Shepherd Ndudzo was born in Rusape, Zimbabwe in 1978, and currently lives and works in Botswana as a sculptor. Ndudzo learned sculpting from his father, Barnabas Ndudzo, also a renowned sculptor and attended a one-year course in Fine Arts at the University of Unisa, Tshwane. Presently he works from his studio in Gaborone Botswana. Made from Wild Syringa, Ironwood and stone, the natural beauty of his materials is further enhanced by his habit of sanding or carving patterns into it. Although based on his personal experiences, his works also draw on folk stories and address the socio-political crises affecting his home country, Zimbabwe.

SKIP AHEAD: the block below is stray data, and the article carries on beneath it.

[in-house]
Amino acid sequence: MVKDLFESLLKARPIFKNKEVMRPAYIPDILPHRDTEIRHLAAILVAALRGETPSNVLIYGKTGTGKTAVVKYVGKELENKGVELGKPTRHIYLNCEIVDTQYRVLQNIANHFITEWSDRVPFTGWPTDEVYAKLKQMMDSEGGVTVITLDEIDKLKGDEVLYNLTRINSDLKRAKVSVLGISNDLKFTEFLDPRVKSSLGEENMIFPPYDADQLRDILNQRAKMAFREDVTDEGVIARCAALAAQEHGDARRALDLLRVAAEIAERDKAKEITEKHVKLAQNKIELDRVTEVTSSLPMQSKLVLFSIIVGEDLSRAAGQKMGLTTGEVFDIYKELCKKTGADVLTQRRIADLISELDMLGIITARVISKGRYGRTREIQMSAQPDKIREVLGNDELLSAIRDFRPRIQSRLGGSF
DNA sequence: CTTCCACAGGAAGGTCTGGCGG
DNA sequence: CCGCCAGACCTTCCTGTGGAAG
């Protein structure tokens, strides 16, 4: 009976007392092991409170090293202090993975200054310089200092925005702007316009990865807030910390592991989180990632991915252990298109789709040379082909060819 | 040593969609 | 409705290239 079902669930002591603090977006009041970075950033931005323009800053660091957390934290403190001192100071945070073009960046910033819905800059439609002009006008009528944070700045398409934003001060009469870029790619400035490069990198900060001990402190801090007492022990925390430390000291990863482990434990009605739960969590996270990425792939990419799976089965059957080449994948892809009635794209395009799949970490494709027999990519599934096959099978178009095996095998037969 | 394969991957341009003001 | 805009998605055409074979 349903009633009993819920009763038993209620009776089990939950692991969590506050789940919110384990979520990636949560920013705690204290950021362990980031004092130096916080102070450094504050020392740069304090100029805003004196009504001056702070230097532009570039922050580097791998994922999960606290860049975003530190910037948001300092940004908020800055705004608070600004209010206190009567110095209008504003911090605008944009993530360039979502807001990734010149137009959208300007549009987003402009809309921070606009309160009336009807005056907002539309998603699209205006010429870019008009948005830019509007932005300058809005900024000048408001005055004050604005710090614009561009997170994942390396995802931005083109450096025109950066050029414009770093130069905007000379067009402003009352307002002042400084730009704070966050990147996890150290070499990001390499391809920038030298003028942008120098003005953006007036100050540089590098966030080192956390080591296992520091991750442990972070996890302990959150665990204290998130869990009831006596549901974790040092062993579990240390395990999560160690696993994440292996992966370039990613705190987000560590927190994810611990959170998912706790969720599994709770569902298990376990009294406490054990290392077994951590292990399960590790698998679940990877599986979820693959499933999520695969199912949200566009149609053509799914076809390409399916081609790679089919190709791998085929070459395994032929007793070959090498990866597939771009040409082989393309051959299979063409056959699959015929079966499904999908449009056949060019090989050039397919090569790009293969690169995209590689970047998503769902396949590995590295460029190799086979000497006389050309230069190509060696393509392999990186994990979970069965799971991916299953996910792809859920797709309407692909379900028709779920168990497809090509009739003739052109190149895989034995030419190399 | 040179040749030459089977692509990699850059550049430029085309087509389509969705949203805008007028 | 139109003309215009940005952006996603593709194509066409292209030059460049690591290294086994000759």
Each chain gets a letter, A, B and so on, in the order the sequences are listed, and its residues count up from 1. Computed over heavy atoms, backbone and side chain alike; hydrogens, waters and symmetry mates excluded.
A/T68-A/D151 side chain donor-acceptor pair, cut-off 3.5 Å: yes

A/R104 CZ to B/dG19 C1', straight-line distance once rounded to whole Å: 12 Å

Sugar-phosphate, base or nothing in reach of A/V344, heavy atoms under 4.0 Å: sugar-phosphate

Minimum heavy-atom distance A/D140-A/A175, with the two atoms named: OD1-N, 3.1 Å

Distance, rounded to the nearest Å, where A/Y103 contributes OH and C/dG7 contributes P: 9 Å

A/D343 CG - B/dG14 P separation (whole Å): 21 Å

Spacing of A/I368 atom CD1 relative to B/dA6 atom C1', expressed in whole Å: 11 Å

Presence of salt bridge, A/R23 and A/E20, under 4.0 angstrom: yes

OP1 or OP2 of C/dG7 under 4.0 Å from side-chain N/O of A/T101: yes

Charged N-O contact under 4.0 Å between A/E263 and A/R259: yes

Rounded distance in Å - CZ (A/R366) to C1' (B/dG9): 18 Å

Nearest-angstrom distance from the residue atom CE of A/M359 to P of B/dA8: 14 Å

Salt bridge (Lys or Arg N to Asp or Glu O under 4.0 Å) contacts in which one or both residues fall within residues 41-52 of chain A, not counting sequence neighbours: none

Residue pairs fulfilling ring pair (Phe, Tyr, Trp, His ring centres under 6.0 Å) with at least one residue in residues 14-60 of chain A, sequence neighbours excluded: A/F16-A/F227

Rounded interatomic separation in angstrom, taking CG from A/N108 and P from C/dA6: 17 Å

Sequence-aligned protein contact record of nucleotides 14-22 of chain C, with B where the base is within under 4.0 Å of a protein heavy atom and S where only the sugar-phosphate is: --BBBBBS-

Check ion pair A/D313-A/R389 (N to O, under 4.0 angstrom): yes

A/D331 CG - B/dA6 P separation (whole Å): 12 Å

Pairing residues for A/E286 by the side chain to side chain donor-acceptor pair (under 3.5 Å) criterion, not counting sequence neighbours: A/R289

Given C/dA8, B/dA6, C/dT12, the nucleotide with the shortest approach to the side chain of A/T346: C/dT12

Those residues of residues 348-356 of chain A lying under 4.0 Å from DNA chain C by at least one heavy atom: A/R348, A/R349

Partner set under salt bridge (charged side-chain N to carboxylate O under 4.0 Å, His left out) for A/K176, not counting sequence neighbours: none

Ndudzo’s work explores and celebrates the female form, in both playful and poetic pose. His inspiration is often based on his wife and daughters, but he also explores interpersonal relationships, as well as more universal issues, such as the unfolding tragedy of migrants leaving their countries. The combination of marble and granite (sourced from Namibia and Zambia) with the rich patina of ancient ironwood, all impenetrable substances, enriches the visual fluidity of the sculptural image. The contrast of dark wood with lighter stone surfaces, and their respective textured patterns allow light and shadow to play with the form, creating movement and energy, defying the static nature of the materials.
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